Dismiss Notice
Join Physics Forums Today!
The friendliest, high quality science and math community on the planet! Everyone who loves science is here!

Homework Help: Light propagating at angle, under Lorentz transformation

  1. Nov 25, 2007 #1
    well, i have been going over this problem for about 4 hours and everytime i get closer and closer to some answer but I am never convinced i am right.

    let lambda be the wavelength of light propagating in the x-y plane at an angle theta with respect to the x-axis in the (x,y,z,t) frame. What is its wavelength and direction of propagation in the (x',y',z',t') frame.

    I know the wave equation for a wave is

    [tex]\Phi[/tex]cosK[x + ct]

    but since traveling at an angle, theta should I put?

    [tex]\Phi[/tex]cosk[xcos[tex]\theta[/tex] +ct]
    [tex]\Phi[/tex]cosk[ycos[tex]\theta[/tex] +ct]

    and using Lorentz's tranformation

    x' = [tex]\gamma[/tex](x - vt)
    t' = [tex]\gamma[/tex](t - ux/c^2)

    I would appreciate any help, thanks
  2. jcsd
  3. Nov 26, 2007 #2
    You find a full explanation consulting
    Robert Resnick, Introduction to Special Relativity John Willey and Sons 1968 pp.84-87.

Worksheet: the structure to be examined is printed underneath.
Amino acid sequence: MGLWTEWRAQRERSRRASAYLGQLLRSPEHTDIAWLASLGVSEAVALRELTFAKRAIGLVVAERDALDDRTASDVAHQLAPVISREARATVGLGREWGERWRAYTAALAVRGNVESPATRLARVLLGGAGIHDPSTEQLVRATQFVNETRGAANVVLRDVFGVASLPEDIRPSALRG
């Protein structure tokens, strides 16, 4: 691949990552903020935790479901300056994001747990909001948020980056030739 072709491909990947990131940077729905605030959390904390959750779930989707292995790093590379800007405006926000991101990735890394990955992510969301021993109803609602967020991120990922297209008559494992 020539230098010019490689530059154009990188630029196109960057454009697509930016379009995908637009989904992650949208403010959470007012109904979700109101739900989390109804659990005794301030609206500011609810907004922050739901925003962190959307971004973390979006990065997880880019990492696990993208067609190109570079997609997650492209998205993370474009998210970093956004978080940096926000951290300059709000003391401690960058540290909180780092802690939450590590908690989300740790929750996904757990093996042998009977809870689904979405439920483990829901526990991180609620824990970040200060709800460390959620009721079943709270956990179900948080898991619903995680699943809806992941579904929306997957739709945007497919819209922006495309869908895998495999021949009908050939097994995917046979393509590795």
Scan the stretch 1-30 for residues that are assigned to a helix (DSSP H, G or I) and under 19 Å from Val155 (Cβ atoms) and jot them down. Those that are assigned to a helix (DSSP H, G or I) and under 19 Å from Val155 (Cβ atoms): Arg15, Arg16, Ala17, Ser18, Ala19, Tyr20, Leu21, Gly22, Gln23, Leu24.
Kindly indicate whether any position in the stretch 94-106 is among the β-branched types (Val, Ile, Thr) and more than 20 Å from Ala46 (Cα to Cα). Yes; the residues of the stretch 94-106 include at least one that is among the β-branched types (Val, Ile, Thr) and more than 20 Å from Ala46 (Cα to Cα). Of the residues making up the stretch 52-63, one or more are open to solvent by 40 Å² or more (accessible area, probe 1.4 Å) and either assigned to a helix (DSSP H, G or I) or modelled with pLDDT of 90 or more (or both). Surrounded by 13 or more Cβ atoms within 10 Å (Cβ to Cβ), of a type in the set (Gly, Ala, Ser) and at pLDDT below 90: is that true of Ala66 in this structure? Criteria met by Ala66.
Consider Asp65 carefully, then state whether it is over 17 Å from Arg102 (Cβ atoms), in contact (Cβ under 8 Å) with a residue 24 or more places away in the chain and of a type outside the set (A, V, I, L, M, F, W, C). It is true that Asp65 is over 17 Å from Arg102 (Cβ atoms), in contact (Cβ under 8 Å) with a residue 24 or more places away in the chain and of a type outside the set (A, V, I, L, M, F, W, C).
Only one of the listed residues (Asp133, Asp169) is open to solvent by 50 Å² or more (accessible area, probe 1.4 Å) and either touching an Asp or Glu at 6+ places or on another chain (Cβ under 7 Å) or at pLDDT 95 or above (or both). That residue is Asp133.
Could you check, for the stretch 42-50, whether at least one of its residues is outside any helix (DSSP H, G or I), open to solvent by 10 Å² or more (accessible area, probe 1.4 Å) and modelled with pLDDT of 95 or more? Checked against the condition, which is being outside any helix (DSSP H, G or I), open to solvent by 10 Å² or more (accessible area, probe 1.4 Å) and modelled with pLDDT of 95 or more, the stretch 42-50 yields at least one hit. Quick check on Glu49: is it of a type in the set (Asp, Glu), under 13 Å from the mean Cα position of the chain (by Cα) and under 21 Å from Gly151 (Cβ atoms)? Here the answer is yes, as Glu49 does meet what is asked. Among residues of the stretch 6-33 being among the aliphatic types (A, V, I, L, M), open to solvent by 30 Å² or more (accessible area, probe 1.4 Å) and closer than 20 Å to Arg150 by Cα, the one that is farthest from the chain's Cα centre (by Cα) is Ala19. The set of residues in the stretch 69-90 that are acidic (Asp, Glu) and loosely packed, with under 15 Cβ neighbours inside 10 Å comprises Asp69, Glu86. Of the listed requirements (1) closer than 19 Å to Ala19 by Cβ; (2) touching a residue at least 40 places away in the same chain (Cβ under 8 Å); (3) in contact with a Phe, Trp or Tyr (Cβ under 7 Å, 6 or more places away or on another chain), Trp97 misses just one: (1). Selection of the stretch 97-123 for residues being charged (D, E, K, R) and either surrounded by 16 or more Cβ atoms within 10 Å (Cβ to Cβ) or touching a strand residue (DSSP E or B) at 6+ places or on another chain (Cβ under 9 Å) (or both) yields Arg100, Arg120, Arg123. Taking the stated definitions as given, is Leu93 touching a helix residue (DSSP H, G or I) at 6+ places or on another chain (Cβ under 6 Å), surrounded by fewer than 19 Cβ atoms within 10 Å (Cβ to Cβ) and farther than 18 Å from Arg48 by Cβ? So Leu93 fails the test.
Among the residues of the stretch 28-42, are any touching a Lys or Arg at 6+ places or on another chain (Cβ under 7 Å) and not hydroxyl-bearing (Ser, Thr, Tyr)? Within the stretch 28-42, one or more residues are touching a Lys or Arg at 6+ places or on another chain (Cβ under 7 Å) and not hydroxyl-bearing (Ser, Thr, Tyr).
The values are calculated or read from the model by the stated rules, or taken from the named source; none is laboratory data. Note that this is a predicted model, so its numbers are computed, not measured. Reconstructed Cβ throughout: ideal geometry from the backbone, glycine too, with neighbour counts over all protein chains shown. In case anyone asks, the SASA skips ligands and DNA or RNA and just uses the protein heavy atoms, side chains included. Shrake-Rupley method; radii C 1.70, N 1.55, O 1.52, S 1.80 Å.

It is based on the invariance of the phase of a plane electromagnetic wave propagating along an arbitrary direction and makes use of the Lorentz transformations for the space-time coordinates of the same event.
    I think that all that can be done involving only the time dilation effect.
  4. Nov 26, 2007 #3


    User Avatar
    Science Advisor

    http://ccrma.stanford.edu/~jos/Scattering/Plane_Wave_Angle.html [Broken]. However, it seems to me this is an over-complicated approach--you don't actually need to know the amplitude of the wave at every point in space, you just need the distance between the peaks. So, you could just imagine two particles traveling in a straight line at an angle theta relative to the x-axis, with the distance between the particles equal to the wavelength--if you figure out the equation for each particle's position as a function of time in the first coordinate system, it's not too hard to find the corresponding equations in the second coordinate system (especially because you can just pick two points on each particle's worldline and translate their coordinates individually).
    Last edited by a moderator: May 3, 2017
  5. Nov 27, 2007 #4
    thanks for the help, I think I solved the problem but i am not confident it is correct. I will just turn it into my professor and see what his coments are.
    JesseM- Thanks for the link, I went there and it was a good help; I think the approach I was doing is correct.

    thanks for the help
Share this great discussion with others via Reddit, Google+, Twitter, or Facebook